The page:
The House of Representatives recently voted to eliminate the estate tax. Because of the recent vote, the topic may come up in conversations with people you know.
This is an easy case to “win” because there is such a strong moral case for inheritance taxes and it’s also a great opportunity to practice talking about what you believe.
Most of what you’ll see in the media, however, consists of the “strong” moral case for corporate special interest groups and a “weak” response. By weak response, I mean a case that doesn’t talk about the morality of the estate tax. A case that is often simply the negation of conservative arguments. A moral case should explain ‘why’ we believe in inheritance taxes.
To start, I believe …
1. Privilege should be earned (not inherited).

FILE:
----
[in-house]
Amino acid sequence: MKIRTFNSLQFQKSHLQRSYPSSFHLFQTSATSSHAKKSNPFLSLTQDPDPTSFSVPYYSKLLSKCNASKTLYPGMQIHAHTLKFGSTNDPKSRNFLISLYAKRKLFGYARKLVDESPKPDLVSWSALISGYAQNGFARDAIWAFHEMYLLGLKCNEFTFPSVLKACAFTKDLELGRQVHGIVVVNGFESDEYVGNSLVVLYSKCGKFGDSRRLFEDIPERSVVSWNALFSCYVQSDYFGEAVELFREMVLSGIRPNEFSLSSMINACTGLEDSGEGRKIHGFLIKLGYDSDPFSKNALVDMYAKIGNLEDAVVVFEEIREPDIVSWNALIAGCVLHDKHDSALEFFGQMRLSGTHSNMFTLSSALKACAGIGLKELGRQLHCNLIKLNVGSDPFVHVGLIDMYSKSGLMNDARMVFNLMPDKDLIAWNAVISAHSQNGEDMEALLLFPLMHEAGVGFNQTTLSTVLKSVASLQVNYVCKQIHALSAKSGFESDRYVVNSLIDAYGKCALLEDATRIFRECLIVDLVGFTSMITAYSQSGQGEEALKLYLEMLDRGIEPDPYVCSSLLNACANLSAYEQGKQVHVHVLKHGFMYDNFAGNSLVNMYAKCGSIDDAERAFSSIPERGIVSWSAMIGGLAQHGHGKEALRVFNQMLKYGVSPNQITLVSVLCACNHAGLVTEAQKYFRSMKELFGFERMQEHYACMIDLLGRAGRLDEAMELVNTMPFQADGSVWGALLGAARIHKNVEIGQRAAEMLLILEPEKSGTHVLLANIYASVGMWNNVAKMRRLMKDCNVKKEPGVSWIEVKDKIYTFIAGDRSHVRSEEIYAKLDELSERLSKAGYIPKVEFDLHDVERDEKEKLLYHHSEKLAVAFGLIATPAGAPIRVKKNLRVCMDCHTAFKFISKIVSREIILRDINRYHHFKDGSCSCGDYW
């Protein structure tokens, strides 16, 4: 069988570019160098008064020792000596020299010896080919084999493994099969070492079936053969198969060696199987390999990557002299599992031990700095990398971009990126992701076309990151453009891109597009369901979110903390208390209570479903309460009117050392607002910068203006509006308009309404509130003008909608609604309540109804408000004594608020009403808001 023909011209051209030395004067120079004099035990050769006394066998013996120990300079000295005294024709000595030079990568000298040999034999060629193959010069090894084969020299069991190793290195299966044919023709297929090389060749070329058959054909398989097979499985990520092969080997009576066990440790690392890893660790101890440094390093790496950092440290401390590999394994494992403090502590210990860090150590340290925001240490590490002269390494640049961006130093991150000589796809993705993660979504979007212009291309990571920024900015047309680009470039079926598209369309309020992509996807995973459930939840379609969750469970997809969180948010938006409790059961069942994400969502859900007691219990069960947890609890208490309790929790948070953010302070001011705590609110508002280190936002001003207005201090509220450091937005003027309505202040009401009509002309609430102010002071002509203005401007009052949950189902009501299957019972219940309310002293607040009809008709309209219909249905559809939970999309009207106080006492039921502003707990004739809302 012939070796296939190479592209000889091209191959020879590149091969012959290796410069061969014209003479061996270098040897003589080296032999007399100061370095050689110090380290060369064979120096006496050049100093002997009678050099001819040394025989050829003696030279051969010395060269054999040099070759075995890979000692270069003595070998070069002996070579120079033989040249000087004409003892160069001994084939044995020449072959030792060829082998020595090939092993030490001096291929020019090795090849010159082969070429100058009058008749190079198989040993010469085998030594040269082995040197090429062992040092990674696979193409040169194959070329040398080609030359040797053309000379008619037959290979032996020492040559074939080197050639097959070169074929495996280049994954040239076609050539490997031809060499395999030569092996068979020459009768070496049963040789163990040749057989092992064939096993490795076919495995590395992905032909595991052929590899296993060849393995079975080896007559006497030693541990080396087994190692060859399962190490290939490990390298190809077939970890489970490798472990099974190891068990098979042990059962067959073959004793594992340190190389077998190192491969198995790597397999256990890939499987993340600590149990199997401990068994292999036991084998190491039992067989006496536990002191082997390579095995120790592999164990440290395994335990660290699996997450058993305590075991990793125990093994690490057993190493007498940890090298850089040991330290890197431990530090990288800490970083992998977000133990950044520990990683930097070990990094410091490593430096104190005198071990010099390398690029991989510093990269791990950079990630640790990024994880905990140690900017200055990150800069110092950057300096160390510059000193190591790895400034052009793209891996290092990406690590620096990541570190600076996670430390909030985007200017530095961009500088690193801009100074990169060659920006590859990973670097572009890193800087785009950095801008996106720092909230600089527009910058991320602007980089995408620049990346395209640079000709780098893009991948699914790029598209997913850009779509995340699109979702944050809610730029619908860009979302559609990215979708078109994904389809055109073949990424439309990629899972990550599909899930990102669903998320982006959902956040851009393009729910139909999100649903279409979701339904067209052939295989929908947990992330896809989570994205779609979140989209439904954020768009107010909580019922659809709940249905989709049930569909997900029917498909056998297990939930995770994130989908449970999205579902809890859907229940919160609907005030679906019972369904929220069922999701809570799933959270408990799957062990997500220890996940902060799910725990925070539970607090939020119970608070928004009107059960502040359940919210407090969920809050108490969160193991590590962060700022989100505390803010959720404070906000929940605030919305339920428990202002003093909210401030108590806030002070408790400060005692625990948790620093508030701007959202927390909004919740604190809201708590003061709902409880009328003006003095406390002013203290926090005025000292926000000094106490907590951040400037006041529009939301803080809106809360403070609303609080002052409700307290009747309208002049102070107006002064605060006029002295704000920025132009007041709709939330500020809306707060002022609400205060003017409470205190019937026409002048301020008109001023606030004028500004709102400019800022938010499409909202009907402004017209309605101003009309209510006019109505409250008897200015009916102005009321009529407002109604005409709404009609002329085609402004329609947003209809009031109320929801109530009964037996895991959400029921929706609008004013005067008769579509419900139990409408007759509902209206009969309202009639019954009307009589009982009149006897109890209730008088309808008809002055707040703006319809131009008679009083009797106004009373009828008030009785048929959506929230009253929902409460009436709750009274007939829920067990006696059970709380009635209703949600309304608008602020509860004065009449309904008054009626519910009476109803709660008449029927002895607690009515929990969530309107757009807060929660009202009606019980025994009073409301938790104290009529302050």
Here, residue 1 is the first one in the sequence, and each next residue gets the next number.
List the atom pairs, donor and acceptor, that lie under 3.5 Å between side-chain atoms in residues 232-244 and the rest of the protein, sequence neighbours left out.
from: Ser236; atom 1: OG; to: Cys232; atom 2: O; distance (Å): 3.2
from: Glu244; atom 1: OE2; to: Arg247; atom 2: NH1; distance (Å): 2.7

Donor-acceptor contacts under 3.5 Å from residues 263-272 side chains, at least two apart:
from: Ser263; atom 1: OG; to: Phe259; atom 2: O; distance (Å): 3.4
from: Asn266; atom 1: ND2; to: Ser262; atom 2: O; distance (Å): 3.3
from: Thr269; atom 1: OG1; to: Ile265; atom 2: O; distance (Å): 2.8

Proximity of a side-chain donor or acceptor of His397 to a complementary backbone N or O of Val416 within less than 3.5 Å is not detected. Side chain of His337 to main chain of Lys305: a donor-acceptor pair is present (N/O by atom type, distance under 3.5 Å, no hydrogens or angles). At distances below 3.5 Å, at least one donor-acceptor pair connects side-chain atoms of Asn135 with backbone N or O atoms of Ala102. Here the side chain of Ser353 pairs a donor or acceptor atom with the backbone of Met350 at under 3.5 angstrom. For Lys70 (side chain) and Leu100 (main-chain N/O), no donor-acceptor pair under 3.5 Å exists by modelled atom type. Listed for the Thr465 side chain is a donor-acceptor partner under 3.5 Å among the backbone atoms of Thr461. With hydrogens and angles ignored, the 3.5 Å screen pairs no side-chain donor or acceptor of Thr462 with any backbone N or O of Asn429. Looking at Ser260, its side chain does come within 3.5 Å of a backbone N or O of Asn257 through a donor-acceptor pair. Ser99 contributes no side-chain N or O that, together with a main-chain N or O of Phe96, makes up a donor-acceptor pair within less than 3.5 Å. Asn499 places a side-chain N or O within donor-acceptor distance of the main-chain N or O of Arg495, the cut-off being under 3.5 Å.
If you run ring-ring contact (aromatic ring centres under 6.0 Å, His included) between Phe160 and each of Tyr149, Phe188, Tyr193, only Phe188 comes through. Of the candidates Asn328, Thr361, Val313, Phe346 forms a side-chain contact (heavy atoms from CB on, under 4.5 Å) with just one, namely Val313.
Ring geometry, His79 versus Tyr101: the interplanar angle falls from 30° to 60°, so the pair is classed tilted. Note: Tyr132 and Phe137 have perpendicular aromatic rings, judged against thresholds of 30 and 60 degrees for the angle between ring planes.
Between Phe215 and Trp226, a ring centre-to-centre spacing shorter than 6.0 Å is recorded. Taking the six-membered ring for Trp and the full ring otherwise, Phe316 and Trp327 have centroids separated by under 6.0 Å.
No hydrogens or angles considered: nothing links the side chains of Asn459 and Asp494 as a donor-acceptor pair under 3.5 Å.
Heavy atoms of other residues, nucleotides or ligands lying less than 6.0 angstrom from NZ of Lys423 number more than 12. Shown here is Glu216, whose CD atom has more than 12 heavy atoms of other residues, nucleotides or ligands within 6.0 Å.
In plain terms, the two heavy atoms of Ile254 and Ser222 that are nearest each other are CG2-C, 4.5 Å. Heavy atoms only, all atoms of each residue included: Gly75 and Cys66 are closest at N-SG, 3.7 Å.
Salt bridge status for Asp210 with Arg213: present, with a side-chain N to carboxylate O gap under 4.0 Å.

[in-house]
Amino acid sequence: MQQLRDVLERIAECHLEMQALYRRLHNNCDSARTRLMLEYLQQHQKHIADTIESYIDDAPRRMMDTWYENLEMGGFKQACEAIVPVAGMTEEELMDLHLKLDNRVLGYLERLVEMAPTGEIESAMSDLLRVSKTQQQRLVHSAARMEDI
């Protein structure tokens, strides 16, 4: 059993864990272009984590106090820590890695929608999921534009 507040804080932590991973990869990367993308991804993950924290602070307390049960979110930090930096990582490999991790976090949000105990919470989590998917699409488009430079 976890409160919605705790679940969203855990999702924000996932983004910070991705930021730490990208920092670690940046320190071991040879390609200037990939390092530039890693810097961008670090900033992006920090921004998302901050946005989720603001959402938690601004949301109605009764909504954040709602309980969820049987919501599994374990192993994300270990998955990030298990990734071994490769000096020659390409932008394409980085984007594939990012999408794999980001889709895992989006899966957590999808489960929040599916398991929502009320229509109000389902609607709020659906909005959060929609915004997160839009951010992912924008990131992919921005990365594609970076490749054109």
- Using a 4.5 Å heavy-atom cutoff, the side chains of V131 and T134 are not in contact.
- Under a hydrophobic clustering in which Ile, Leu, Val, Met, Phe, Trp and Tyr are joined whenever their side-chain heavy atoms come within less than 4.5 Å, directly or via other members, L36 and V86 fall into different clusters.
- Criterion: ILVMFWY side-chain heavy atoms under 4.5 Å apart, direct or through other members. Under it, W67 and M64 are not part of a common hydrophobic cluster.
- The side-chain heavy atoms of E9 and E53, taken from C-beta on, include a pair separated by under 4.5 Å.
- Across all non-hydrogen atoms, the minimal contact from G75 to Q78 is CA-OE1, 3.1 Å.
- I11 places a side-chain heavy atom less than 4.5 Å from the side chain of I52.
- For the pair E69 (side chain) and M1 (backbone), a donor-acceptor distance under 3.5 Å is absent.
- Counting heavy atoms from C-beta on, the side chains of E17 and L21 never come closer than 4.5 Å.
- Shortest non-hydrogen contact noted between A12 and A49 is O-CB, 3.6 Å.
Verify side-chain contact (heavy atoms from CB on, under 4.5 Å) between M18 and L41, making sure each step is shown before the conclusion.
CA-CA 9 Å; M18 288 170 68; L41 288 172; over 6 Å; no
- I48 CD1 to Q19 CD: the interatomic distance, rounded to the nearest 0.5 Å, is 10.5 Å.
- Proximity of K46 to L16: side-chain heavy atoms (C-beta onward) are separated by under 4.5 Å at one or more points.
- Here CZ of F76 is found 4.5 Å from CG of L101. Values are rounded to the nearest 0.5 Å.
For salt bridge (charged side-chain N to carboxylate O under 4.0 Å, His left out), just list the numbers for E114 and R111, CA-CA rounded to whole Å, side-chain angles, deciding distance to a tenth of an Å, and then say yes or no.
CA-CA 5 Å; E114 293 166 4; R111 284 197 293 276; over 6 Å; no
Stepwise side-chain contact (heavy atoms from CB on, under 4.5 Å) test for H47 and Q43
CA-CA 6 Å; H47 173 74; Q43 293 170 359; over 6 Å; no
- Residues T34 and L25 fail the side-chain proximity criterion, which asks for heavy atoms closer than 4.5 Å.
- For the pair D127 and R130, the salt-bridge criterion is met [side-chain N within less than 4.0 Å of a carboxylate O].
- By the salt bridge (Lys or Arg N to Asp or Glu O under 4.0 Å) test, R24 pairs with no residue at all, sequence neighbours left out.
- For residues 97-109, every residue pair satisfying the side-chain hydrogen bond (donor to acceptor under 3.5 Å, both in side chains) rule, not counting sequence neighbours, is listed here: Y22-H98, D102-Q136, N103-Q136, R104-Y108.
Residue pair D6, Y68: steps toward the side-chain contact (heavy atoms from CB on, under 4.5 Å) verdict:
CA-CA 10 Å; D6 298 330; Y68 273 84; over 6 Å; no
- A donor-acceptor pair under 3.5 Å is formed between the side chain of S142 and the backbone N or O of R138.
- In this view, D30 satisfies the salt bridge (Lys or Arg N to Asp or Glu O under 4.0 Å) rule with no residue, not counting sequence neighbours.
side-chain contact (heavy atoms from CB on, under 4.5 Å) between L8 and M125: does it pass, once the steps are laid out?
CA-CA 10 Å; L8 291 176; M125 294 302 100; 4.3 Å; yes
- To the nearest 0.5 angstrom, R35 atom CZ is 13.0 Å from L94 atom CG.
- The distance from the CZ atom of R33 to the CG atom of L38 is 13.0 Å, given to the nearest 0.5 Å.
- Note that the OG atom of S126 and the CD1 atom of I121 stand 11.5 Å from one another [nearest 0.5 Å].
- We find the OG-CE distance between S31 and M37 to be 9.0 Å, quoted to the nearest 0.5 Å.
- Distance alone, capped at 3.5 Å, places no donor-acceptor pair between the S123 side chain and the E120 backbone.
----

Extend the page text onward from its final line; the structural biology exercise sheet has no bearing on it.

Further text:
To paraphrase Teddy Roosevelt, every dollar received should represent a dollar’s worth of service rendered – not gambling in stocks.
Roosevelt said it better:
No man should receive a dollar unless that dollar has been fairly earned. Every dollar received should represent a dollar’s worth of service rendered — not gambling in stocks, but service rendered. The really big fortune, the swollen fortune, by the mere fact of its size acquires qualities which differentiate it in kind as well as in degree from what is possessed by men of relatively small means. Therefore, I believe in a graduated income tax on big fortunes, and in another tax which is far more easily collected and far more effective — a graduated inheritance tax on big fortunes, properly safeguarded against evasion, and increasing rapidly in amount with the size of the estate.